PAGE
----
This is becoming my favourite spot to sit and write: at my dining room table, listening to music, while the meal we will have later is cooking away in the kitchen to my left. No irises on the table tonight: but a row of eight curvy, silvery candlesticks, each with two white shabbat candles casting a low glow onto the table and where I type here. The music that I am listening to is a favourite Saturday night program on the radio: how retro to listen to the radio I think sometimes. To retro music: American songbook jazz, featuring different artists every week: this is the line-up tonight on The Saturday Bandstand.
Tonight I’m cooking a leg of lamb: very simply, rubbed with a mix of chopped rosemary, garlic, olive oil and lemon rind. A little leg of lamb, enough for three people. More than enough for three people I guess: like my mother, I always cook too much rather than too little. I remember how anxious she would get when she hosted big family get-togethers, or even Sunday lunches when we all descended on the farm where her and my father lived out the last 10 years of her life: she was always worried that there would not be enough food. And yet, there always used to be leftovers. We all went home with tupperware or tin-foiled parcels of portions, enough for a meal, of her wonderfully cooked dishes. She used to know just how to make a humble cut of beef into a gourmet dish. She did not really love cooking lamb. She did not like the smell of cooking lamb. Her worst was veal: she could not bear the thought of young cattle being slaughtered. An uncle of mine would tease her by singing an afrikaans song: ‘Die Kalfiewals’. She use to get really affected by that.
I know so little about my mother. Maybe that’s how it always is. That we know our mothers, our parents, only glancingly; and then often only in moments remembered. I do remember my mother mostly for her cooking: not that she was a gourmet cook: she was a simple, humble, housewife cook, feeding her family on a small budget, and much later expanding her culinary nous to catering for high school functions and the odd wedding in the small town they lived in before moving to a little farm close to the Waterberg. She was 52, my age now, when they moved there.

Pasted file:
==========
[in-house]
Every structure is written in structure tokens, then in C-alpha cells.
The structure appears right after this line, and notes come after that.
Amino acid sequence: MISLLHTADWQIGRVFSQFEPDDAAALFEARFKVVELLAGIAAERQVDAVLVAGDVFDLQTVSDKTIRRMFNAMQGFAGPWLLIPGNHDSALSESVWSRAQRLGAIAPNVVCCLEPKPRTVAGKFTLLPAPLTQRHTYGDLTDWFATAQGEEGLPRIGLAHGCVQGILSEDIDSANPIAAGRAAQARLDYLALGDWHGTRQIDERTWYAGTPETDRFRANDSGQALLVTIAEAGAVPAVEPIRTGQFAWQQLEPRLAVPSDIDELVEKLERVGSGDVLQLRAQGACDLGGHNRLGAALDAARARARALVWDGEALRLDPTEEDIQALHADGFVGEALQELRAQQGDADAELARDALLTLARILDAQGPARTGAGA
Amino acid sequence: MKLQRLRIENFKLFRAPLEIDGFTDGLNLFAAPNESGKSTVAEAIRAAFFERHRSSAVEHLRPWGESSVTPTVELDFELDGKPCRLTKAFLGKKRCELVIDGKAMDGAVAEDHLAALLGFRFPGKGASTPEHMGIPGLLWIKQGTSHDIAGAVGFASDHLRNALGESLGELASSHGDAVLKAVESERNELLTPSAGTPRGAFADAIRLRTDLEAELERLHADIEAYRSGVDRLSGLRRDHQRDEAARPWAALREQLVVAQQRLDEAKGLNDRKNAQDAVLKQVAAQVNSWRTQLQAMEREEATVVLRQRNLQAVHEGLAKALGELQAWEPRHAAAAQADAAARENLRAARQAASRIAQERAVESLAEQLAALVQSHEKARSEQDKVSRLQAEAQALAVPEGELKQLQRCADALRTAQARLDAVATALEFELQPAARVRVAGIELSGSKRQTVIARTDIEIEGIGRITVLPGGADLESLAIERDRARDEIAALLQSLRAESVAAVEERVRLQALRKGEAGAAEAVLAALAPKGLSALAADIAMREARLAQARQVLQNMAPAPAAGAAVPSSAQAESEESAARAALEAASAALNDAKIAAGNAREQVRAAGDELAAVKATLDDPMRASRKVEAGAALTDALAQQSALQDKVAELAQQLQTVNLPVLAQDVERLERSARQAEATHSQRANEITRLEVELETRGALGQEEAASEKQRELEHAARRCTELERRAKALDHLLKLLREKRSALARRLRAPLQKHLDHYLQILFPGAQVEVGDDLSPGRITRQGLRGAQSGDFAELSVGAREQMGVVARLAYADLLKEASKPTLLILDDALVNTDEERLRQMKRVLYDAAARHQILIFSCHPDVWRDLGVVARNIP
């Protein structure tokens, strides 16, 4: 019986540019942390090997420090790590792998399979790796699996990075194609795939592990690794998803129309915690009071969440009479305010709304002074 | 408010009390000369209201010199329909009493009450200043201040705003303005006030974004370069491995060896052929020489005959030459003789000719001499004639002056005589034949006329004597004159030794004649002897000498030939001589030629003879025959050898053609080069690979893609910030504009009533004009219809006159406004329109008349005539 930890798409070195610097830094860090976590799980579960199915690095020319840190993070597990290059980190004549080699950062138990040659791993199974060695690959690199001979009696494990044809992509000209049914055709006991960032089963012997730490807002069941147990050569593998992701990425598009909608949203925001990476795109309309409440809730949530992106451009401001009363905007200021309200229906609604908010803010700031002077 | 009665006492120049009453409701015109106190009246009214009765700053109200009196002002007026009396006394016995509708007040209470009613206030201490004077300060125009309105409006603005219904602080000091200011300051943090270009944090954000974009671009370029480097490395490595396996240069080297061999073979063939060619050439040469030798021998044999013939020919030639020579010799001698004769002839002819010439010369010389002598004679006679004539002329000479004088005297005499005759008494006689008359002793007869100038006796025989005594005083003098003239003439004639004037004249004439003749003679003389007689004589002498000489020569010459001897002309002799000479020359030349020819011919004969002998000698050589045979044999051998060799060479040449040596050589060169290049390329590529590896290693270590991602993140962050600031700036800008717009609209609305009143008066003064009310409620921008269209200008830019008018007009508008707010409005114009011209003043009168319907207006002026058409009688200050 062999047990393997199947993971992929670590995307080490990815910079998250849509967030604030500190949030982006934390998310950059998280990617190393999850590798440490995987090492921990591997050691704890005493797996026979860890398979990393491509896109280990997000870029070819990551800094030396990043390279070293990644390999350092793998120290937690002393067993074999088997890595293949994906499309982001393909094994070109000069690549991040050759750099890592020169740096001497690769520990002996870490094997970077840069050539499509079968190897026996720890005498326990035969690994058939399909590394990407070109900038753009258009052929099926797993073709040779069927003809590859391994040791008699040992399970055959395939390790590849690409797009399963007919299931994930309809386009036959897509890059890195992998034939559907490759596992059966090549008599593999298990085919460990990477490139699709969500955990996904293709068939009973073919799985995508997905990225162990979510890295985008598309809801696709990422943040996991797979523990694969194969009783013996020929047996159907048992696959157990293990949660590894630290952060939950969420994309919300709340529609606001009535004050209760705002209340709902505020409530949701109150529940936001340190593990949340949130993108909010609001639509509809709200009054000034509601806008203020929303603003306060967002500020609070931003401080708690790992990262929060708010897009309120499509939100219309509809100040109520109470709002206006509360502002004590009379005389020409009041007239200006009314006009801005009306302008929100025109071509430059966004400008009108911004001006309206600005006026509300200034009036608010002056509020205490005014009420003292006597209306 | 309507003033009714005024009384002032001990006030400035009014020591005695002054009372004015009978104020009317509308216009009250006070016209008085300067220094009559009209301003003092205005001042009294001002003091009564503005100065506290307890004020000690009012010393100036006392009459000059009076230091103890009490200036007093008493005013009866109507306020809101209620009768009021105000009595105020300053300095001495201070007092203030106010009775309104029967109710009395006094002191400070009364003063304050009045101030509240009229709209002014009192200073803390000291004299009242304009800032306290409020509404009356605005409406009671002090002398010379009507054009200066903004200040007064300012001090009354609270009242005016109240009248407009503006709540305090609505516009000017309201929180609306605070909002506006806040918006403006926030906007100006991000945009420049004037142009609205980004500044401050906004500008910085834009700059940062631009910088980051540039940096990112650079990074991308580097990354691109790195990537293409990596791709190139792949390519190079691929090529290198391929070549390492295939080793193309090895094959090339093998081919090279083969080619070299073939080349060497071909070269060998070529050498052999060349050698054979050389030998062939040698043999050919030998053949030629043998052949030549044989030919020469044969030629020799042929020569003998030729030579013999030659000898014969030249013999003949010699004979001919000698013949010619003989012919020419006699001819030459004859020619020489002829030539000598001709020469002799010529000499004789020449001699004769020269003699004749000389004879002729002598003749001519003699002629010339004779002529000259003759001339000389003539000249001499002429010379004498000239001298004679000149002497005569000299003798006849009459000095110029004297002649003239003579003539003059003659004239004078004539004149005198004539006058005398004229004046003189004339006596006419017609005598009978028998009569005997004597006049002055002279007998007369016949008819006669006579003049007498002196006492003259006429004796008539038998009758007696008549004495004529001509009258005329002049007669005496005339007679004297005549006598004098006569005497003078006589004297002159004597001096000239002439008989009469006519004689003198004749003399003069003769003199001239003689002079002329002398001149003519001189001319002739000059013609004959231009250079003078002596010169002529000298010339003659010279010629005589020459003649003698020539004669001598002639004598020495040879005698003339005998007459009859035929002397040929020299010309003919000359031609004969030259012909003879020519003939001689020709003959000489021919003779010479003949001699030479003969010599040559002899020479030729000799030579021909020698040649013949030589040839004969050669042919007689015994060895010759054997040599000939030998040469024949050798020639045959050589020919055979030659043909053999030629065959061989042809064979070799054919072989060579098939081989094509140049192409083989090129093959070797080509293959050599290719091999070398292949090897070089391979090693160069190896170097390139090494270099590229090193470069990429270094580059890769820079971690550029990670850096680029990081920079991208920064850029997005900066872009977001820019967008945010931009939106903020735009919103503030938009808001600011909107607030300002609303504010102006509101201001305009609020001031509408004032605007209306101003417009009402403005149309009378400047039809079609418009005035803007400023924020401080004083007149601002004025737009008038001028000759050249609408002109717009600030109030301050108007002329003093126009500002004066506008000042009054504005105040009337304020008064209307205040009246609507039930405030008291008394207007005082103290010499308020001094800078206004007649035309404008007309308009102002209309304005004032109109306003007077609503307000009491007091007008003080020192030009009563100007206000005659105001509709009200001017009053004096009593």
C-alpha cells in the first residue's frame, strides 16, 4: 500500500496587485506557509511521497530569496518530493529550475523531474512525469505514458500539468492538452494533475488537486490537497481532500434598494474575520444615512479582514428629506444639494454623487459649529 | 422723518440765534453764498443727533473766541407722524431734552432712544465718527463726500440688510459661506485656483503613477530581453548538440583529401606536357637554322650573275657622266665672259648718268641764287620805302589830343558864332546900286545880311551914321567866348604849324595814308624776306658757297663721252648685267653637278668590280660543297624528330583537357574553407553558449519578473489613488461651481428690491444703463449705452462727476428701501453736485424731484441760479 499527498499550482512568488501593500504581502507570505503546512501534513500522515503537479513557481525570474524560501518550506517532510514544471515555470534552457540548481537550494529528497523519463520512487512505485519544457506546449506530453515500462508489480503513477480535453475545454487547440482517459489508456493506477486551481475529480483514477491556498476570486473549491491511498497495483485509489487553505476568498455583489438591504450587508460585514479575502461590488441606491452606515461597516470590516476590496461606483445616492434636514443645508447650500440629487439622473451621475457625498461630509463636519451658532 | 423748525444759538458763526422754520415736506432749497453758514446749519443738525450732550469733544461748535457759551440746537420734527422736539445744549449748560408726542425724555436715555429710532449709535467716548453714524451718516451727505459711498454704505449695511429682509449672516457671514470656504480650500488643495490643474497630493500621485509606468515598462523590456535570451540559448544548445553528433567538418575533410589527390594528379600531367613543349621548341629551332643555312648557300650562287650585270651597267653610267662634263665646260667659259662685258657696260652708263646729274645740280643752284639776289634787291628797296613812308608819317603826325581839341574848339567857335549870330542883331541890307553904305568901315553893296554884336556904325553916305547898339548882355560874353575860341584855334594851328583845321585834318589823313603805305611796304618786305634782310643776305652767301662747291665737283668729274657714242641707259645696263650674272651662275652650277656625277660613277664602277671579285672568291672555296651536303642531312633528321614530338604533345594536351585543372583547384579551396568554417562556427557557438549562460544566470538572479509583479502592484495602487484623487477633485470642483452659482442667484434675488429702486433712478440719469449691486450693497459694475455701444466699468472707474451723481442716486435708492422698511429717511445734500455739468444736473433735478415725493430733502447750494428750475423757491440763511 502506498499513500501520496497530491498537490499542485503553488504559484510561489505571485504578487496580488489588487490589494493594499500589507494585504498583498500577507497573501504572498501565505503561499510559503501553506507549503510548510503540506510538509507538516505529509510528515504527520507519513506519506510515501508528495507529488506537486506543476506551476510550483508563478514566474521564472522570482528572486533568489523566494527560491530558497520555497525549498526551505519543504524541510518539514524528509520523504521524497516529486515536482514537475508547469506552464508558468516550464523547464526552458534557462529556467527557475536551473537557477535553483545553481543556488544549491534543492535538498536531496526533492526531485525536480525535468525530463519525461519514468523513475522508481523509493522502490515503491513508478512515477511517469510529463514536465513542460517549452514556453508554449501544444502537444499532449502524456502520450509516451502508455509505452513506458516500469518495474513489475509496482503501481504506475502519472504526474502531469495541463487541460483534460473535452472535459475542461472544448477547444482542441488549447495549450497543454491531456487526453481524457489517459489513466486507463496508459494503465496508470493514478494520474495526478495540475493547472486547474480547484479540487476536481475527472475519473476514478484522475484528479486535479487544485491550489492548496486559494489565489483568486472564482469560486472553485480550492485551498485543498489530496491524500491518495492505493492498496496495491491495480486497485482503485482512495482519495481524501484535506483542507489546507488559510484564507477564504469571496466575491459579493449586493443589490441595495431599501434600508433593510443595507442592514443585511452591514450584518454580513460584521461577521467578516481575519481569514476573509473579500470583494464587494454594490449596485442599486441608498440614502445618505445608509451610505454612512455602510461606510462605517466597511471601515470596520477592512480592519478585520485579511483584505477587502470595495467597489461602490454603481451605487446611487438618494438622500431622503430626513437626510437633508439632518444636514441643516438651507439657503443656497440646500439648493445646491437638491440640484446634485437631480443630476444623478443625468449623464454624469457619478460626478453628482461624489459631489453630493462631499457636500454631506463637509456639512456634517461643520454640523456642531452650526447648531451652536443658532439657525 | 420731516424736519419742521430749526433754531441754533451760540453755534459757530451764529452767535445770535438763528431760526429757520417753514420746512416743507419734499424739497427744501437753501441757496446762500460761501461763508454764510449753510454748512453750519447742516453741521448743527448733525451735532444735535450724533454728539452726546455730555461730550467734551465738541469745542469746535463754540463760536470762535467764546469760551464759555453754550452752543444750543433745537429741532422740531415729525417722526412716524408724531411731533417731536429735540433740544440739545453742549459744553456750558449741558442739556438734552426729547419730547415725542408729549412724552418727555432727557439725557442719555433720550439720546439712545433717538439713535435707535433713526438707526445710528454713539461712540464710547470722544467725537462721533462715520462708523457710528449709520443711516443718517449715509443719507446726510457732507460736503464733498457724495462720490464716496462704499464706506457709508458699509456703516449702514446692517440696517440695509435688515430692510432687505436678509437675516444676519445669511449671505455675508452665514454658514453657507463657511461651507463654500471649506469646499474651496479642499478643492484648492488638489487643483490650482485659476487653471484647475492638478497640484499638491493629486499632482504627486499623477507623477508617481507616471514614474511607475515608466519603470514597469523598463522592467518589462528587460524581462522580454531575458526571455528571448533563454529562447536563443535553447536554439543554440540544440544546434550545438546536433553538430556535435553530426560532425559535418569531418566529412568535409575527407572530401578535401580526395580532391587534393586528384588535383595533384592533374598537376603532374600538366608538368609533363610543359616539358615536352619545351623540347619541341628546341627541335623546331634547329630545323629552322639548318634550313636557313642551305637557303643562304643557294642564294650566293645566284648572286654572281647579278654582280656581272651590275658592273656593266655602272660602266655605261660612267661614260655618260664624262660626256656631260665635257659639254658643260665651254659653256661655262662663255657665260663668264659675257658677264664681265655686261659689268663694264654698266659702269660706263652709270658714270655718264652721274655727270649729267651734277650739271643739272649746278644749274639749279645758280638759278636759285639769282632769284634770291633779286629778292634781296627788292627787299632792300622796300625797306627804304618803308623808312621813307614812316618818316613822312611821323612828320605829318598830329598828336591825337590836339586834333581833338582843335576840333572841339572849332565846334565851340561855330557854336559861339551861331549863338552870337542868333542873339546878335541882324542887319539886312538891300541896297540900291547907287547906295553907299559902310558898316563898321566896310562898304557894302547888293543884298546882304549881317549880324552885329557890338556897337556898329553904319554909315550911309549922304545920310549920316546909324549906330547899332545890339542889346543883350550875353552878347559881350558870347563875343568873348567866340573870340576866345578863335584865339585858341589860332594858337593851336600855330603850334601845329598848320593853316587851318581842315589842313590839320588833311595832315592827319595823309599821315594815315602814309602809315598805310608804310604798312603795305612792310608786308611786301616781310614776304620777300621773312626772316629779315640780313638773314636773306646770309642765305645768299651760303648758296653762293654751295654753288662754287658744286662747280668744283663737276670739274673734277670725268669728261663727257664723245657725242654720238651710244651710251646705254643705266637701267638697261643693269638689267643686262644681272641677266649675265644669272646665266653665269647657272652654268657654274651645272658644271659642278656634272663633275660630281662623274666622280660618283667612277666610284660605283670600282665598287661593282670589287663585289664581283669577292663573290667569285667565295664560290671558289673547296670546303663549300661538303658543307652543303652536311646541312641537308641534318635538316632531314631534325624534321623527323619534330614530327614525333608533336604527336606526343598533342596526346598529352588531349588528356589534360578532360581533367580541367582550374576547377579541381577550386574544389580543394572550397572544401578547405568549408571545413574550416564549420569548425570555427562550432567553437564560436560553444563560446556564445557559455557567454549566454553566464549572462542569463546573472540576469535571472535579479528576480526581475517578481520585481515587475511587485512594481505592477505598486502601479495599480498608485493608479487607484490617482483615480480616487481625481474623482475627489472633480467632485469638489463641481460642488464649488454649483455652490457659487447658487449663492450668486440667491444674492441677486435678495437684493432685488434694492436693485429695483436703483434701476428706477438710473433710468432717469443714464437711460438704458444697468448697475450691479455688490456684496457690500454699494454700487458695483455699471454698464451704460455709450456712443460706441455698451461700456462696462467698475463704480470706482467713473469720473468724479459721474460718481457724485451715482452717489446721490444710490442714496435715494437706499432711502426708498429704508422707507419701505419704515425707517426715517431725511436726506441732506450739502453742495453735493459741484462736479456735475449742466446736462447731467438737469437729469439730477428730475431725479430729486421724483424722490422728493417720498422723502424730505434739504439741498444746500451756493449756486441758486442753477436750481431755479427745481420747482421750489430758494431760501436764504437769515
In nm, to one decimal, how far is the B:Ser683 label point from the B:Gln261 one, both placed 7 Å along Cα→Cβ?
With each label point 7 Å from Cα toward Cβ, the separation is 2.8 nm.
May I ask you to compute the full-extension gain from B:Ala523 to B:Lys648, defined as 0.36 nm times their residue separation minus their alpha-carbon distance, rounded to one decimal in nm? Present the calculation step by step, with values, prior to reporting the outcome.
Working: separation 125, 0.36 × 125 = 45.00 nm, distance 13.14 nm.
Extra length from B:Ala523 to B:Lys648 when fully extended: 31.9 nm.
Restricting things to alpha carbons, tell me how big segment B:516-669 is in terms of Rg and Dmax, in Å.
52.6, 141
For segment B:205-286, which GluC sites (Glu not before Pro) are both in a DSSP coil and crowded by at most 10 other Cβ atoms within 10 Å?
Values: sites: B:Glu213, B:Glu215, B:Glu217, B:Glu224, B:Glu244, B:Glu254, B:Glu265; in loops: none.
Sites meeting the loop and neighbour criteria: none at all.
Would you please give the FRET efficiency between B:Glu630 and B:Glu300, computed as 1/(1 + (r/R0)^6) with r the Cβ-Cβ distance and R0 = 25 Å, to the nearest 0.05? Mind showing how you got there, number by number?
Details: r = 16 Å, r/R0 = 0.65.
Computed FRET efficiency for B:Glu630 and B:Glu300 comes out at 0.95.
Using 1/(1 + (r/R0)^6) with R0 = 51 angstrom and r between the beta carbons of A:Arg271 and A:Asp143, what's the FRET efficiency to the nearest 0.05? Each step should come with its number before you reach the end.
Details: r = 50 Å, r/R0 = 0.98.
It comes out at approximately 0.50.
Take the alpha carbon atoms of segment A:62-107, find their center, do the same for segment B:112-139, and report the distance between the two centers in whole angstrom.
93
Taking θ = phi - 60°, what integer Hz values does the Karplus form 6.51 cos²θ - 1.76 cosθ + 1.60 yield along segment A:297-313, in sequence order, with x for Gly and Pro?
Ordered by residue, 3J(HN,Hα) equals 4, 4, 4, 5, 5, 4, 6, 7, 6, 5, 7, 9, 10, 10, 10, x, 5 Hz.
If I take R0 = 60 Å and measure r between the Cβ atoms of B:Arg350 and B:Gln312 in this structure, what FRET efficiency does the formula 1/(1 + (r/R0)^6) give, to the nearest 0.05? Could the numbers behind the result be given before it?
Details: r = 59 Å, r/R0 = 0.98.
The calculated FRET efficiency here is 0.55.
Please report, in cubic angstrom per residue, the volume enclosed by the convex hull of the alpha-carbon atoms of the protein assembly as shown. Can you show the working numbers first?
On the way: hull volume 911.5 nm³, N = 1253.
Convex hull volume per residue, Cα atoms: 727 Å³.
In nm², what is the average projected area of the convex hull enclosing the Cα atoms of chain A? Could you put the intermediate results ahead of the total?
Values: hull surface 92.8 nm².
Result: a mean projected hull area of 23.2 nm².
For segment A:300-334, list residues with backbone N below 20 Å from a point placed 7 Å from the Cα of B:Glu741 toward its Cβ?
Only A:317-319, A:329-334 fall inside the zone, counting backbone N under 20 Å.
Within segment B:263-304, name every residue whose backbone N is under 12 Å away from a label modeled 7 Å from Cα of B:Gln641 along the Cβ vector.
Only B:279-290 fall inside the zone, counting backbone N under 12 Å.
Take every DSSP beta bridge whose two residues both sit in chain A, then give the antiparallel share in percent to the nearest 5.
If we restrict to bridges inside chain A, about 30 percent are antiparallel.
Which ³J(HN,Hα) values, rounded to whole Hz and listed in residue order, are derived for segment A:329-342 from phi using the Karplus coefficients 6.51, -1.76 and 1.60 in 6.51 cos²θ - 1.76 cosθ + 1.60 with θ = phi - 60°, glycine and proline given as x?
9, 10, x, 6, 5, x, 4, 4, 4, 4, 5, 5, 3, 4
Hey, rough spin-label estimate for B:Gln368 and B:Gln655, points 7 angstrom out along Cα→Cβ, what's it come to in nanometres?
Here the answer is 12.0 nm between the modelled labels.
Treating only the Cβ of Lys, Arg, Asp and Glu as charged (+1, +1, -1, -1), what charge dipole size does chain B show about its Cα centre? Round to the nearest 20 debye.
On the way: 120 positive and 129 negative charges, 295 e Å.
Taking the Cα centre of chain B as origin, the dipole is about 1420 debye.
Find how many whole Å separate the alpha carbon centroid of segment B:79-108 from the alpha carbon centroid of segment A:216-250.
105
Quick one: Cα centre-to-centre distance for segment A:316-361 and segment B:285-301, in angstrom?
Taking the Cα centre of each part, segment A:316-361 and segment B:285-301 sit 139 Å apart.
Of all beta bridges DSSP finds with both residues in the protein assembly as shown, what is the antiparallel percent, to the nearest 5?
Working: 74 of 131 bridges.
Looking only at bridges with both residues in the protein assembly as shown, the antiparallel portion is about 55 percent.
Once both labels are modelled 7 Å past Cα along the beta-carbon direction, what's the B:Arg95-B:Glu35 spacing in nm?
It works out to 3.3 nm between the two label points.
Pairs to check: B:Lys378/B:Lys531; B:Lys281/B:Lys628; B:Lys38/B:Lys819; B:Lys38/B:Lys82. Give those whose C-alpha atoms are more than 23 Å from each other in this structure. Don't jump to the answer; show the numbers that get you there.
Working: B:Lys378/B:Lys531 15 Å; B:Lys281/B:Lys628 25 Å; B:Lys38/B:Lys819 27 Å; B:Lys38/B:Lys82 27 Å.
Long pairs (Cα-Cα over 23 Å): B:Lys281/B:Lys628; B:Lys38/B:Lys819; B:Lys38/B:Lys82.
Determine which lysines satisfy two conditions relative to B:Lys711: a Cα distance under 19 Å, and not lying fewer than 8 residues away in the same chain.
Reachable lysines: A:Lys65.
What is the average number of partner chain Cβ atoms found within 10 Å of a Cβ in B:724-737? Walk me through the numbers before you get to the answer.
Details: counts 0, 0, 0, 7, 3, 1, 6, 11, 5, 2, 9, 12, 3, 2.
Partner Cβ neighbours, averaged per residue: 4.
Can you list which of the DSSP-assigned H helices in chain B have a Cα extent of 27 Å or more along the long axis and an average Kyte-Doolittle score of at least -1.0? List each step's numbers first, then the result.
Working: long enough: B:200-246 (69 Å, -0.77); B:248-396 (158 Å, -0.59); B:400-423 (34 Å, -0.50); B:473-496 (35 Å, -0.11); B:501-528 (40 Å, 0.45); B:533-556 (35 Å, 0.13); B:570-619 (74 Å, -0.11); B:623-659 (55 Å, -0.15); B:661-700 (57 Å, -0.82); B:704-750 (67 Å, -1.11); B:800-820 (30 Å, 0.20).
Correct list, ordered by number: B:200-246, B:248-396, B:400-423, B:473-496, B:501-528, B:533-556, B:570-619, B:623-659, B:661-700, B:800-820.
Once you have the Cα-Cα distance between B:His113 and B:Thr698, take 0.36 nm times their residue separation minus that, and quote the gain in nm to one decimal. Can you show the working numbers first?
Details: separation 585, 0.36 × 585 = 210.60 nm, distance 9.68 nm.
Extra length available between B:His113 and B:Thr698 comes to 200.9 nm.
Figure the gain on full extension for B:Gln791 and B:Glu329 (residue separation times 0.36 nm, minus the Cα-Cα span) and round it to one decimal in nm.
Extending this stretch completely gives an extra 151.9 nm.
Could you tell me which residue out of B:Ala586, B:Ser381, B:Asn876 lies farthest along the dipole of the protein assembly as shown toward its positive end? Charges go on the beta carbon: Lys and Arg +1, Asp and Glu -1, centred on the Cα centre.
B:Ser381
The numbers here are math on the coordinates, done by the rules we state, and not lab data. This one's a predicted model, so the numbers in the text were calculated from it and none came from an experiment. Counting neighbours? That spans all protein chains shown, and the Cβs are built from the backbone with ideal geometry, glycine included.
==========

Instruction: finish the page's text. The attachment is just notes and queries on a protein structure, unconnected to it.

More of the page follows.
I’m not surprised that memories of my mother are coming up tonight. I am in mother mode at the moment. Just recently, two weeks ago, my youngest son arrived at my doorstep: to be clear, I fetched him to my doorstep after a horrific night of almost being assaulted at a club as a result of the breakdown of his, by now much regretted, marriage to an overseas women. She has two little daughters, both of whom had crept deep into my heart during the 10 months that the relationship lasted, well, maybe not even that long. The harbingers of heartache were noticeable more than three months ago, and although my mother’s heart ached watching the breakdown, I did not know how to help, other than relentlessly being there when my son eventually called. So what could I do but cook for him? And cry with him at the kitchen counter, cooking us a late steak and having too much wine with him, despite my previously stated intention of not drinking wine on a Wednesday(or any other week day, which I had been keeping to quite diligently).
Yes, so, my son is here tonight. That is what the three portions is about. Him, my beloved, and I. Soon we will have succulent leg of lamb, with creamed cauliflower, and baby marrow a la Husband; he has a special way of doing them. I claimed creative licence to write here while he bustles around in the kitchen at the moment, doing the veggies while I write. There’s almost a poem in it. Maybe I will write a poem about this night. Maybe this meal, and other meals that have I cooked for him will stay in my son’s memory as a segue into my soul. There’s always that.